Thursday, November 19, 2009

Health and Beauty

We began photographing the artifacts that Pete mentioned in yesterdays blog. The Ban Deodorant container has an aluminum lid, but the base is white milk glass. Embossing on the bottom reads, "Bristol-Myers Co. Contains Aluminum Chlorhydroxide. Net Wgt.1.05OZ. New York, N.Y."
We have not yet tried to open the container, but it is heavy for its size. Who knows how much product might be left.

Several small machine-made bottles with screw-top threading also came from the unit inside the foundation. The brown glass bottle is embossed on the bottom with "L-60 23" and is warped, possibly a mistake made during manufacture. The small glass bottle has a square base with an embossed "2" on it.

The larger colorless bottle is Duraglass, made by Owens Illinois Glass Company based in Toledo, Ohio. The bottom of the bottle has an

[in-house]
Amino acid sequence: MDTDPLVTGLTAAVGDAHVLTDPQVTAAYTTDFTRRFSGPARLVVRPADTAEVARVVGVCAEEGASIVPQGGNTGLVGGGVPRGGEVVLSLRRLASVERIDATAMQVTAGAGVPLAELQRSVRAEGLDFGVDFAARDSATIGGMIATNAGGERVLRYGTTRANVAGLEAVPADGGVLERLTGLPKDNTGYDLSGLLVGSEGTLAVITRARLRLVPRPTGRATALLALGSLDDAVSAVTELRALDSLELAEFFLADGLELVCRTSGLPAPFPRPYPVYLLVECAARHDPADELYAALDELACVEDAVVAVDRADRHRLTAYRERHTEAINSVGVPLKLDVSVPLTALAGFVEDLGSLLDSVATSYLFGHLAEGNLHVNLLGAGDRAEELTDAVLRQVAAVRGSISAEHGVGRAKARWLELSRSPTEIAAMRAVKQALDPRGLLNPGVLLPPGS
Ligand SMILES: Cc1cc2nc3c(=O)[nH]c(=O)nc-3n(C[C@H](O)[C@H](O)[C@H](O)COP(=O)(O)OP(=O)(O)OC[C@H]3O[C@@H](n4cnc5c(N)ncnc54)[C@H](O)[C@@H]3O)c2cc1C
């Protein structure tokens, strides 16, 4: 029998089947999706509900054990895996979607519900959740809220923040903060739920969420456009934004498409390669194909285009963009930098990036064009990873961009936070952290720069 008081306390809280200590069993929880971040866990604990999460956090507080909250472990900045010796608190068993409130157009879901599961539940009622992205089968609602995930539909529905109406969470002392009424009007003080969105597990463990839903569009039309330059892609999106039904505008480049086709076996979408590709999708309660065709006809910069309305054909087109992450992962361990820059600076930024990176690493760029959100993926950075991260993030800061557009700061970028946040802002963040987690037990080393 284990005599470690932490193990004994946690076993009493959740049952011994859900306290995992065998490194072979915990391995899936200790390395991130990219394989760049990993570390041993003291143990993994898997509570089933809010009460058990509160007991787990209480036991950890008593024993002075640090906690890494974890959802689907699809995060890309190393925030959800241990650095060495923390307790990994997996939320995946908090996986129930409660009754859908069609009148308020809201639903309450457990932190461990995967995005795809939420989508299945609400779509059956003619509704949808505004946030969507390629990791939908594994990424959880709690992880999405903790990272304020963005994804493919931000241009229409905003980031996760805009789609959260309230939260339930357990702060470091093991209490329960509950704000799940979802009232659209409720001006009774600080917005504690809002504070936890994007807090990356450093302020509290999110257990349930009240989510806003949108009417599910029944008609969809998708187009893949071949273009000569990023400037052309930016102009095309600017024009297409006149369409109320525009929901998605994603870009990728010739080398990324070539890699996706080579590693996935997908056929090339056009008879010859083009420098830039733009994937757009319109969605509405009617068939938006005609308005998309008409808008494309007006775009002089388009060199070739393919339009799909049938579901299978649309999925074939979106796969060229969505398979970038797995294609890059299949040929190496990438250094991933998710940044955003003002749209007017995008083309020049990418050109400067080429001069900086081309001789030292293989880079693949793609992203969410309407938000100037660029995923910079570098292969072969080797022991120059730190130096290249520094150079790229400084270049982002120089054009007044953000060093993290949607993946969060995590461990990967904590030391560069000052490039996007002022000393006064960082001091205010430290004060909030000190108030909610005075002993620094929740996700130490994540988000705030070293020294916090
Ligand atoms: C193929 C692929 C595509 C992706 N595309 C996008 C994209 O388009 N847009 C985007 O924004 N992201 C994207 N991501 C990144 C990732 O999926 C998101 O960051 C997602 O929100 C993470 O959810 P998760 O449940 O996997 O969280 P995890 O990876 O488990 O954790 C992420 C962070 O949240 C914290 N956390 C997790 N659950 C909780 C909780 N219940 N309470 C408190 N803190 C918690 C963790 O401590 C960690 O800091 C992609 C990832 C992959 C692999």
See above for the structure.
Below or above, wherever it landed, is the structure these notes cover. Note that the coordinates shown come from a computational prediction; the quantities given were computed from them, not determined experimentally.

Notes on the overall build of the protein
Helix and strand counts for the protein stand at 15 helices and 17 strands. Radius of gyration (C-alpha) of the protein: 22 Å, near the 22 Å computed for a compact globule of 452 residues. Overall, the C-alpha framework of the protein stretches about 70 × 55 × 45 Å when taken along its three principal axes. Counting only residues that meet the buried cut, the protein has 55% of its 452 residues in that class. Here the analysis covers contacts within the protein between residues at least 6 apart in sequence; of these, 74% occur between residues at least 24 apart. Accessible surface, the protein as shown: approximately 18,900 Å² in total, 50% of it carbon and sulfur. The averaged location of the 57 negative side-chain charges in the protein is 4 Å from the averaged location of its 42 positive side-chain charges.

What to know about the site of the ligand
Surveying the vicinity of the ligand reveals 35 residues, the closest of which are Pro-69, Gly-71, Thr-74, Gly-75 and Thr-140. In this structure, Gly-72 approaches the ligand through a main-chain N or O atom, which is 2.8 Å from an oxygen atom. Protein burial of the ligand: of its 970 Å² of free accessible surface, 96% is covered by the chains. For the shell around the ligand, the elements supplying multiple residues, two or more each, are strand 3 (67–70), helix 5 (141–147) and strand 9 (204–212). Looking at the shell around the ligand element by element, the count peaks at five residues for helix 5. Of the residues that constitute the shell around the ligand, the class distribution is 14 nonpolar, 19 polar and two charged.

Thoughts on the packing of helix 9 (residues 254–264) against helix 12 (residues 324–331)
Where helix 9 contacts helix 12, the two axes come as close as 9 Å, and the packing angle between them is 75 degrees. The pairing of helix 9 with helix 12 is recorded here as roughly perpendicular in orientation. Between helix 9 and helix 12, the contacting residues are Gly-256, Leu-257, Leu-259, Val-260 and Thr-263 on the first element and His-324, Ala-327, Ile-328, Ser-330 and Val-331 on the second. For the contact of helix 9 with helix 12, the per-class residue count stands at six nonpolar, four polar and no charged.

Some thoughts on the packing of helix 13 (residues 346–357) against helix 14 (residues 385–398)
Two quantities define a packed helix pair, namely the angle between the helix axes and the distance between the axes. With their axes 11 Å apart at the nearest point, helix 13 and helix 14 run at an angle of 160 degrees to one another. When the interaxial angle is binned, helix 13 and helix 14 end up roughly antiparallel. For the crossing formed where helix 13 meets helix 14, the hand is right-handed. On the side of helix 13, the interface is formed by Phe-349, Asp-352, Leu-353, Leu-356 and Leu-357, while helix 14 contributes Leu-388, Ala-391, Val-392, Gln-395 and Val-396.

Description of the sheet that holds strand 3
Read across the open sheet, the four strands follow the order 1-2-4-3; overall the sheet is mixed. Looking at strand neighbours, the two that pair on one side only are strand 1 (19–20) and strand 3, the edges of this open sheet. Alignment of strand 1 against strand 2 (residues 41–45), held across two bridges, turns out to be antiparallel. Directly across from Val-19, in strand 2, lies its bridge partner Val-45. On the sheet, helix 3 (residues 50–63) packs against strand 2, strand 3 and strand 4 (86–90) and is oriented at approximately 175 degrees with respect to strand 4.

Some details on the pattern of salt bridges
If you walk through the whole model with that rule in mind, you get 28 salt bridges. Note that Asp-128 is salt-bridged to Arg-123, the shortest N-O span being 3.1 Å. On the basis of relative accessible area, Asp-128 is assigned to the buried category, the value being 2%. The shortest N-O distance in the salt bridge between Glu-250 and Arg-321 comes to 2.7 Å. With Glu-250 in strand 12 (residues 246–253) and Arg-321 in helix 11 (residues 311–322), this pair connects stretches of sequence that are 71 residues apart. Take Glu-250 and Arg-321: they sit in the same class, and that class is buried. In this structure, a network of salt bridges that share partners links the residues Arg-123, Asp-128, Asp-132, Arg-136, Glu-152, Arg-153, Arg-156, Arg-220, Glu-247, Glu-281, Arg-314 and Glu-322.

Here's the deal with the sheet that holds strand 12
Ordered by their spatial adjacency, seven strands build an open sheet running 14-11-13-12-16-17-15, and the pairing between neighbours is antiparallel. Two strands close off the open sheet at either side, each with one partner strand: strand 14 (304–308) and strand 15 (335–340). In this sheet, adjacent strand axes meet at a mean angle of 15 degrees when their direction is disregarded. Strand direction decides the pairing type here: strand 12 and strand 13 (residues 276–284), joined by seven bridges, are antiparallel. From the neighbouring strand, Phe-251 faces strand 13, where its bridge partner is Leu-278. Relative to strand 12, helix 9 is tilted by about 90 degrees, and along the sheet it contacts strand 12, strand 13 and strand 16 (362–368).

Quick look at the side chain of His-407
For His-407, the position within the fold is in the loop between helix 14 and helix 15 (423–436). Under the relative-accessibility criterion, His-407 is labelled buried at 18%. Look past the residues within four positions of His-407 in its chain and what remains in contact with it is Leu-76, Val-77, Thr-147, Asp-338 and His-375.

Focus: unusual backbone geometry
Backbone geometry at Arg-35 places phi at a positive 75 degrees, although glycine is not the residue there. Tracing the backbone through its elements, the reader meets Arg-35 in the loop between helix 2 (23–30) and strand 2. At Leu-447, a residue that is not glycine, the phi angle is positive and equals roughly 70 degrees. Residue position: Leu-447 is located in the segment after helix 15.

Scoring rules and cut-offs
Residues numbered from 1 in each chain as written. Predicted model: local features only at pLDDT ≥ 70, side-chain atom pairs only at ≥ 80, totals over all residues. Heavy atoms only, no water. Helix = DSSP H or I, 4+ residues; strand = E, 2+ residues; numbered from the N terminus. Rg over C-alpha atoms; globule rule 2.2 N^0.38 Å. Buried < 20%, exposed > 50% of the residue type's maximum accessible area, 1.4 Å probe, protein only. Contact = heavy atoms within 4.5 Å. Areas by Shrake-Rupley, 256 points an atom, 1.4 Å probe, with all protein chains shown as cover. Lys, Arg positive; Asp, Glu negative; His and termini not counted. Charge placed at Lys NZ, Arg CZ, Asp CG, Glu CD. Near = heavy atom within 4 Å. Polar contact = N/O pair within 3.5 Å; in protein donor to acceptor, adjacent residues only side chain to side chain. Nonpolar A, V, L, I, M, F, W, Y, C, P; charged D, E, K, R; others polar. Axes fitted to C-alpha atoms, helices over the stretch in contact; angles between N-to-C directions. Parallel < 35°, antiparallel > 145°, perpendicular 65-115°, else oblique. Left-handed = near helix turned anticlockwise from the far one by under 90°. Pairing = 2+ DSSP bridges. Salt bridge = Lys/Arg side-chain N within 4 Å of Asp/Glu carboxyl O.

"I" with an oval. This mark was introduced in 1954 and by 1958 most Owens Illinois bottles used this mark. The side has graduated volume marks in half ccs. This was probably a medicine bottle.


Scott said...

Anne, was the brown bottle subjected to heat? It seems unlikely that a bottle manufactured incorrectly would be allowed distribution.

Anne said...

The way the bottle warped doesn't look like fire damage. It is rather precise. I agree that it wouldn't have been distributed intentionally. Maybe it slipped by quality control?